The Oslo Accords


A new book has been published which illuminates the role of Scandinavian diplomacy in the Israeli-Palestinian conflict.

As the 30th anniversary of the Oslo Accords approaches, a new book by Dr. Nir Levitan, titled “Scandinavian Diplomacy and the Israeli-Palestinian Conflict: Official and Unofficial Soft Power” (Routledge, 2023) provides a timely addition to the literature on the Israeli-Palestinian conflict.

The book sheds light on the involvement of Denmark, Norway, and Sweden in the peacemaking process, drawing on new material from Danish archives and personal interviews with key negotiators. It illustrates how Denmark, Norway, and Sweden were involved in the initial stages of mediating the peace process between Israel and the Palestinians. It also explores how they established communication channels between the parties.

In the book, Levitan explores how the three small countries developed a unique foreign policy approach that used soft power diplomacy to bring Israel and the Palestinians to the negotiating table. The book analyzes the specific type of peace diplomacy offered by Scandinavia and examines the reactions of both Israel and the Palestinians to the Scandinavian methods of mediation.

Dr Levitan is a lecturer in the Israeli Special Studies Program for the Security Forces and a research fellow at the Europa Institute at Bar-Ilan University and an affiliate fellow at the Center for Koldkrigsstudier, University of Southern Denmark. He holds a PhD from Bar-Ilan’s Graduate Program in Conflict Resolution, Management and Negotiation.

The book offers a thorough and penetrating analysis of the strategic foreign policy initiatives of all teams of negotiators that participated in the Oslo process, including first-hand accounts of the mediators involved in nine separate negotiation channels over three decades of diplomatic engagement. Furthermore, the book includes the personal, unpublished papers of David Kimche, former director general of the Israel Ministry of Foreign Affairs and deputy of the Israel intelligence services.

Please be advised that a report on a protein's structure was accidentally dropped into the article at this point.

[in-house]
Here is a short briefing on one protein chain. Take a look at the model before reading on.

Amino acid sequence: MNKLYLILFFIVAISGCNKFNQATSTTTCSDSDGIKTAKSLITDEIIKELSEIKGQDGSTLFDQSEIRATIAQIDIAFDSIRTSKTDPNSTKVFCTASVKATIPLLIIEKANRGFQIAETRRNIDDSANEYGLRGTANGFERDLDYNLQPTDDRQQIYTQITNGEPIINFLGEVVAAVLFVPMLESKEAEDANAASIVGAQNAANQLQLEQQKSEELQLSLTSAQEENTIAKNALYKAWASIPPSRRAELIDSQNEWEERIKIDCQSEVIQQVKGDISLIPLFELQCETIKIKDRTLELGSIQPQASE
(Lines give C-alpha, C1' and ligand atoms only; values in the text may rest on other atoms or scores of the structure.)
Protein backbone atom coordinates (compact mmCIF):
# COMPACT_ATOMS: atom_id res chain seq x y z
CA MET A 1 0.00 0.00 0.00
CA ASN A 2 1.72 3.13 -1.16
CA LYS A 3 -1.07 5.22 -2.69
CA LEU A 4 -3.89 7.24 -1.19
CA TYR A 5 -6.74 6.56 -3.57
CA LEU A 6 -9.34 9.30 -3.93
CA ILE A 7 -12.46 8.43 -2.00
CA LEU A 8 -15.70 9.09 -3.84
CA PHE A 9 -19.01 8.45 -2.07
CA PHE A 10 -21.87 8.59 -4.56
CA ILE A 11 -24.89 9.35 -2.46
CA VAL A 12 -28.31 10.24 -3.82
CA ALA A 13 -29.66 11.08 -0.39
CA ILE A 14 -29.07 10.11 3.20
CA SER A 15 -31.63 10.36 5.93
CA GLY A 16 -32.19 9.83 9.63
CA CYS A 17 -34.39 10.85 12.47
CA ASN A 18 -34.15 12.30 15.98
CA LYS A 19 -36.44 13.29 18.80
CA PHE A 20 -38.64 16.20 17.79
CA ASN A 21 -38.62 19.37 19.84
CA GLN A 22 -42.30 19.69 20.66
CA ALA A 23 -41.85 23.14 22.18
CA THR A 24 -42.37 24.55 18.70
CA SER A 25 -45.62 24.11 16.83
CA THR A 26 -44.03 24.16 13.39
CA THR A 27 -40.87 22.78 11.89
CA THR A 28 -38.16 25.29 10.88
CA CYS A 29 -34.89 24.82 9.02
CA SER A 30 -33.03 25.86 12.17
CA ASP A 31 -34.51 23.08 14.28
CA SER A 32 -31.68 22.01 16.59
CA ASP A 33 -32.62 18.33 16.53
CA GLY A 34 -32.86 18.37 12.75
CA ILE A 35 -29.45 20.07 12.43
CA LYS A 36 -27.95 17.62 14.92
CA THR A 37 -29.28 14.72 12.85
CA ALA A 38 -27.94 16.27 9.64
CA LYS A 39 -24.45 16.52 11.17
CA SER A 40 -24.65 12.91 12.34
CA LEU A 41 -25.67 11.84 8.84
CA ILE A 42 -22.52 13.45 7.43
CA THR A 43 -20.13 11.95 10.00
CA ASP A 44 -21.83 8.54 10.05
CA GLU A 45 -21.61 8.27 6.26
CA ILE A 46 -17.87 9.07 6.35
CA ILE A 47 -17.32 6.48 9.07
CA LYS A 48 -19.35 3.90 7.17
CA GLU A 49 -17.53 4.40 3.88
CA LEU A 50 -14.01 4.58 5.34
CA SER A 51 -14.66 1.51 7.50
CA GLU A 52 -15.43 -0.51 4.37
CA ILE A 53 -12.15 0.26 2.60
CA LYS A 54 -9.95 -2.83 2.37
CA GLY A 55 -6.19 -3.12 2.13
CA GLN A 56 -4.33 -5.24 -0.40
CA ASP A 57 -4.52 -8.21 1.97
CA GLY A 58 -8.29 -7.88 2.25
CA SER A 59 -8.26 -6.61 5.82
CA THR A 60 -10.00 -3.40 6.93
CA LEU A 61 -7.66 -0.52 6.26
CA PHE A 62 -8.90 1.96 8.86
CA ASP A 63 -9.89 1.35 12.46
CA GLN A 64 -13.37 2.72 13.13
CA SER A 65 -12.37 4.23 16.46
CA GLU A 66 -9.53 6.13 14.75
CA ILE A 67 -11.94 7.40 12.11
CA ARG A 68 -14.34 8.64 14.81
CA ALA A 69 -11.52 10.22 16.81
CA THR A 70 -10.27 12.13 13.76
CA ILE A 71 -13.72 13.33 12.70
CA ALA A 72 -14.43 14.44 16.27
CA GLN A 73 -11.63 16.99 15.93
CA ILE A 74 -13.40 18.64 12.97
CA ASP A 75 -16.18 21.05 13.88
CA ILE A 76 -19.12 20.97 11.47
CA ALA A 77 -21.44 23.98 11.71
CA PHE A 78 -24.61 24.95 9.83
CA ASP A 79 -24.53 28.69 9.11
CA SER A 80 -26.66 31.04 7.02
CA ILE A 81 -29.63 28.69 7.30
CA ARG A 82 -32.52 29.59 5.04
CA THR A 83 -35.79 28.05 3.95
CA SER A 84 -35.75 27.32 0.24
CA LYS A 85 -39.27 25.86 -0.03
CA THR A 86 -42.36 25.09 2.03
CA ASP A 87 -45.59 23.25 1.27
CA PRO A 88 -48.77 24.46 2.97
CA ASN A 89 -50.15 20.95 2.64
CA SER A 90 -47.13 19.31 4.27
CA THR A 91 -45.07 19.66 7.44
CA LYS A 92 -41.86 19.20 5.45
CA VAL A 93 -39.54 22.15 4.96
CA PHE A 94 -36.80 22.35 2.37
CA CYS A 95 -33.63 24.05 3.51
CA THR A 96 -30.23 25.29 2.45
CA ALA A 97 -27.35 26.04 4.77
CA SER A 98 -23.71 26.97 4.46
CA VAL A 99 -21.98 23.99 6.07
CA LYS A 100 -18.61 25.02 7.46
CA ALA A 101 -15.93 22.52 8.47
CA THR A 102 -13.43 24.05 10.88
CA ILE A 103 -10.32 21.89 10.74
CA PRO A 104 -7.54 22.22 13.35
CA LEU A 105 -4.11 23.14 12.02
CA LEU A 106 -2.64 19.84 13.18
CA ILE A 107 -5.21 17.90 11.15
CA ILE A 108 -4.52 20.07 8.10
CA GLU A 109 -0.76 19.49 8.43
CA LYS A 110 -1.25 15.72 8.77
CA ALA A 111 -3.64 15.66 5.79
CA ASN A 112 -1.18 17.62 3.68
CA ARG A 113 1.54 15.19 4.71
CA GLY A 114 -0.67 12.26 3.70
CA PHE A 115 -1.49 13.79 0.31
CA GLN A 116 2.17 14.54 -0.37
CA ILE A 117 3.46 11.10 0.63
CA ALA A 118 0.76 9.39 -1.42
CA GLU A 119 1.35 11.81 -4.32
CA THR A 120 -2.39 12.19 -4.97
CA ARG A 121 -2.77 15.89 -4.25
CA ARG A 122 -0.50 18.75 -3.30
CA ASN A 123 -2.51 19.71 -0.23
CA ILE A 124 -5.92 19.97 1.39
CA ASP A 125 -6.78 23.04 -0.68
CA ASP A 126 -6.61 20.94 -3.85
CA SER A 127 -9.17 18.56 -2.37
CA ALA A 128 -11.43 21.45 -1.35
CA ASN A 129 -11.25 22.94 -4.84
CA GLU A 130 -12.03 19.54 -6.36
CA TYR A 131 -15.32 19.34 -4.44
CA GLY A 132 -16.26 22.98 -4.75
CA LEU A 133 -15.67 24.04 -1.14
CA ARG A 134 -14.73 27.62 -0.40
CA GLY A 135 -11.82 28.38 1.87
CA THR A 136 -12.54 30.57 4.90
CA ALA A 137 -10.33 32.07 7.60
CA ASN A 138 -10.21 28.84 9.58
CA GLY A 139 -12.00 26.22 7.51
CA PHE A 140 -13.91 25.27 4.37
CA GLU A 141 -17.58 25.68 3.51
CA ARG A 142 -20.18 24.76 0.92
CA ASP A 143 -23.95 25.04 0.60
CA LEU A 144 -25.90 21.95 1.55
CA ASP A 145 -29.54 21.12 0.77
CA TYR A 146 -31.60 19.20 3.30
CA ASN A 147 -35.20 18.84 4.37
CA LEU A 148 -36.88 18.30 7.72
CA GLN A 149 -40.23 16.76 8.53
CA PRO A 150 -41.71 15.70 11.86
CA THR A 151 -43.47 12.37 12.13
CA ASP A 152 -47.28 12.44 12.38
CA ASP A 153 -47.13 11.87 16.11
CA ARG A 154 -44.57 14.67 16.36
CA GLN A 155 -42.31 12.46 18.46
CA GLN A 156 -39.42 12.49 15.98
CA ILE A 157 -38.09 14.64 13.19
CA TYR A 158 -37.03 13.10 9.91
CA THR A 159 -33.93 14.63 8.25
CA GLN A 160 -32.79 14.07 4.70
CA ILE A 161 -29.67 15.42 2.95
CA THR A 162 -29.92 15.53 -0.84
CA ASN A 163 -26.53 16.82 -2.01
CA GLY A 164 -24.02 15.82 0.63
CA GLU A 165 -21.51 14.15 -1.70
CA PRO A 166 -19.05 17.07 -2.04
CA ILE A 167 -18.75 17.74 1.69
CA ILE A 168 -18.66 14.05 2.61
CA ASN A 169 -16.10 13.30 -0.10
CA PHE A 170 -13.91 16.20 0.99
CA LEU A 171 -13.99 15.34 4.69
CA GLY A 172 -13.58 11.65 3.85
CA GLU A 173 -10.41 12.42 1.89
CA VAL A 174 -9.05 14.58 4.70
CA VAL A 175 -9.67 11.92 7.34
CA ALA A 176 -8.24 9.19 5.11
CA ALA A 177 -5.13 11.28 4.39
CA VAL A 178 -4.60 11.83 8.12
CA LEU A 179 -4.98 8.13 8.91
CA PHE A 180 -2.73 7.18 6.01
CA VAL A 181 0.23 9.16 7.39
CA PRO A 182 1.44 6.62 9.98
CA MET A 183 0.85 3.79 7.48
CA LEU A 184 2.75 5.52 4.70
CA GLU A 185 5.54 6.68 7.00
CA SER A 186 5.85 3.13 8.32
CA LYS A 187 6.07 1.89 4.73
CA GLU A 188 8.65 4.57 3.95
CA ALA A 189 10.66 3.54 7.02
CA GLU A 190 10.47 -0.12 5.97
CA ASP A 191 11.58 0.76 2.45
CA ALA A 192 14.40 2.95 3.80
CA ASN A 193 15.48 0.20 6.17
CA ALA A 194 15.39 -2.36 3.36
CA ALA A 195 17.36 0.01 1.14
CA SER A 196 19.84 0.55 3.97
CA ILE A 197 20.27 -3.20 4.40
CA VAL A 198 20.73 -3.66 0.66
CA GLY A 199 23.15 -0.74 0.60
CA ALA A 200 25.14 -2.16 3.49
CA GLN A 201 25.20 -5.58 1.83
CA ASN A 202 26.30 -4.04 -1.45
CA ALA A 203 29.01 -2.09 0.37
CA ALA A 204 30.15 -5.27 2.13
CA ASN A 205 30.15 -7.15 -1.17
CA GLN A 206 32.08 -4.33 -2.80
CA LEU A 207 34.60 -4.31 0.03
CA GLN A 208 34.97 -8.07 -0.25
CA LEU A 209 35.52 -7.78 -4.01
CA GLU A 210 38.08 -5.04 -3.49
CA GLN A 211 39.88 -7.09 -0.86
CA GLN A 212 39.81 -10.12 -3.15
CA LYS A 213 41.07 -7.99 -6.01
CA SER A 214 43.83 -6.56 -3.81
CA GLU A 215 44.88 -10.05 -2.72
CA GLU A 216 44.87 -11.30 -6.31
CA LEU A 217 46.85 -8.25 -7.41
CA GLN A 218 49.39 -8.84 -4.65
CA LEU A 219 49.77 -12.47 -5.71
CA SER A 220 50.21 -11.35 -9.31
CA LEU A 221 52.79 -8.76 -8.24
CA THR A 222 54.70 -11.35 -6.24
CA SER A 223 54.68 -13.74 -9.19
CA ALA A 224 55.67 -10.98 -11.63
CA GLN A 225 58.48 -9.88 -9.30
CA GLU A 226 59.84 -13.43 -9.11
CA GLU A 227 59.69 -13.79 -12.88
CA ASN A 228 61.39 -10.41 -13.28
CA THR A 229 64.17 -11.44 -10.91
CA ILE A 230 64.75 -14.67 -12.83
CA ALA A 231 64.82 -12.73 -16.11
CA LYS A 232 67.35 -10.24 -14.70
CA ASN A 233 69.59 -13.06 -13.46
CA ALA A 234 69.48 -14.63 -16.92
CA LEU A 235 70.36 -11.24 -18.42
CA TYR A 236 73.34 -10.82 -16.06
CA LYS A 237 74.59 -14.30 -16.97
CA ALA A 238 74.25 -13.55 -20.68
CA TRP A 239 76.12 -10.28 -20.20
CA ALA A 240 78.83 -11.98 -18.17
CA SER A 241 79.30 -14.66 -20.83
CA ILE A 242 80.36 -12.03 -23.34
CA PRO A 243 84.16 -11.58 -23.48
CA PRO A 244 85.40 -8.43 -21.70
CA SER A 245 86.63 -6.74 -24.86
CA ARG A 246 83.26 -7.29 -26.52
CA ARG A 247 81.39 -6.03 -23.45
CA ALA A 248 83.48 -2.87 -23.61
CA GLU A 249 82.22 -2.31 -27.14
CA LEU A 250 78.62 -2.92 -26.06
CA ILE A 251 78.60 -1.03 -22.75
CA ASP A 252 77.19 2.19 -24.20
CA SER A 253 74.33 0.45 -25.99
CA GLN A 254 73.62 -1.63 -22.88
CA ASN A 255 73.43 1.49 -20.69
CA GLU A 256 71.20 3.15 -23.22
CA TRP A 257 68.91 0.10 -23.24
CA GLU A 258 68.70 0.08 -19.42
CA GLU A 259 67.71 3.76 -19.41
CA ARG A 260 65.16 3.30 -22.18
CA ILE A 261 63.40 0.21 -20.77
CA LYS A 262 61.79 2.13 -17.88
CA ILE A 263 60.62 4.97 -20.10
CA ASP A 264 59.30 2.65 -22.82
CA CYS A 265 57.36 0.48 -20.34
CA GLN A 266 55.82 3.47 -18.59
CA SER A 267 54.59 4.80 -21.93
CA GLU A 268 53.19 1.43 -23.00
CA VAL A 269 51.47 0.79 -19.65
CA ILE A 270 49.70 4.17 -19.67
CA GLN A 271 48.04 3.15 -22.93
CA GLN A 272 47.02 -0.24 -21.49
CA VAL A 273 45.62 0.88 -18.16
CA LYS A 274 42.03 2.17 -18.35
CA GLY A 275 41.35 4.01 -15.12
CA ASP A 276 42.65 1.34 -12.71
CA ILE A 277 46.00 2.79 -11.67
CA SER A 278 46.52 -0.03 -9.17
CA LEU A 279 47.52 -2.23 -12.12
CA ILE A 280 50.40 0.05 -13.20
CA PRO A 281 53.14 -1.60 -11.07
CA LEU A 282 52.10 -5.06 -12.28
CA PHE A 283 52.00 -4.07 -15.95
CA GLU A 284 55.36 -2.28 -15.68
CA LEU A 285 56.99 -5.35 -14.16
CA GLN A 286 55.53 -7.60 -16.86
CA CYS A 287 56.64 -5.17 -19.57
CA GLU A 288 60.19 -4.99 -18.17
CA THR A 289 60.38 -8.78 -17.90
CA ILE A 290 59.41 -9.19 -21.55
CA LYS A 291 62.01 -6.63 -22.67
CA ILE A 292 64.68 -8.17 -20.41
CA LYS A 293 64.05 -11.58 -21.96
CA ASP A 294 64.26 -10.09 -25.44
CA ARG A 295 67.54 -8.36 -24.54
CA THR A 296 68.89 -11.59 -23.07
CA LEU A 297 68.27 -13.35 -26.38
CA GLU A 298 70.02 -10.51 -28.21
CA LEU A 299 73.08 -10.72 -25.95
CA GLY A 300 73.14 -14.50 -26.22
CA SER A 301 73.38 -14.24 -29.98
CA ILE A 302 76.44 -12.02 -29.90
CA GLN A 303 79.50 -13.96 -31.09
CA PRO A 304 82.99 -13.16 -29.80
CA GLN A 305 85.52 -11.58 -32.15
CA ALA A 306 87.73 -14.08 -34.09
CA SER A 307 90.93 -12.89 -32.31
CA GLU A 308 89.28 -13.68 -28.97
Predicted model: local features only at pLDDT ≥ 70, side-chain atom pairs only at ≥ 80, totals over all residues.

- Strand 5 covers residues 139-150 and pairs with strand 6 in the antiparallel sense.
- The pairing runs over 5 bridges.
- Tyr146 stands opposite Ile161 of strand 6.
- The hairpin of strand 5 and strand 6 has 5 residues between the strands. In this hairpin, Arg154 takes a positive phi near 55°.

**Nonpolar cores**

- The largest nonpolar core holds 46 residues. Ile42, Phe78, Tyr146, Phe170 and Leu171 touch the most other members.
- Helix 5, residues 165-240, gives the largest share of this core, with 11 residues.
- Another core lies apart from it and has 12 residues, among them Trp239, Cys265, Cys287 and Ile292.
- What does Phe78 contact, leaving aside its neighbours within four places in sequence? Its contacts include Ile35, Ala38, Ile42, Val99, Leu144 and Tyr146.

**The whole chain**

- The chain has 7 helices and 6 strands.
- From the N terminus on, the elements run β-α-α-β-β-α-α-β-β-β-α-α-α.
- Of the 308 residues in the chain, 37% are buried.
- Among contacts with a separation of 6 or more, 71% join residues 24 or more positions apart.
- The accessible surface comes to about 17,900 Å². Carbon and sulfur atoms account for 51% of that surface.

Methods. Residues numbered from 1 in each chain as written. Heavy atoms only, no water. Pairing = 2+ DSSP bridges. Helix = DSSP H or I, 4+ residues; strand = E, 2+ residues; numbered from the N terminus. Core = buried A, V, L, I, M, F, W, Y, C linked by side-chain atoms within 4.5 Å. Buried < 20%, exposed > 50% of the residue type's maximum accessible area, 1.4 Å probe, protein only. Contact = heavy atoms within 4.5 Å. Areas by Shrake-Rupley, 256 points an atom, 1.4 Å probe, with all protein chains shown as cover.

One of the revelations in the book is the account of how Herbert Pundik — father of historian Ron Pundak, who played an important role in starting the Oslo peace process in 1993 — attempted to assist his son in opening a secret channel in Copenhagen. However, after facing refusal from the Danish Foreign Ministry, the younger Pundak ultimately sought the assistance of the Norwegians.

Levitan analyzed documents in five different relevant languages and his Danish background allowed him to access, interview, and study primary sources in their original language, on location in Scandinavia. His extensive research also incorporates recently available archival material from the Royal Danish Library, along with access to the unpublished private papers of Kimche and extensive personal interviews with key Israeli and Scandinavian negotiators, including Herbert Pundik; senior advisor to the Swedish government and former minister Pär Nuder; former foreign ministers of Denmark, Per Stig Møller and Uffe Ellermann-Jensen; Ariel Sharon’s senior advisor, Dov Weissglas, and negotiator and senior minister, Yossi Beilin.

“Scandinavian Diplomacy and the Israeli-Palestinian Conflict” serves as a compelling read for scholars, diplomats, and the general public, offering fresh insight into why the Oslo negotiations ultimately failed after so much attention, financial support, and multi-national encouragement was expended toward a successful outcome. The book highlights the complex nature of the diplomatic task and the flaws in the process, explaining why peace remains elusive in the Middle East.

Dr. Levitan’s book is based on his PhD, which was completed under advisor Dr. Amira Schiff, Head of the Graduate Program in Conflict Resolution, Management and Negotiation.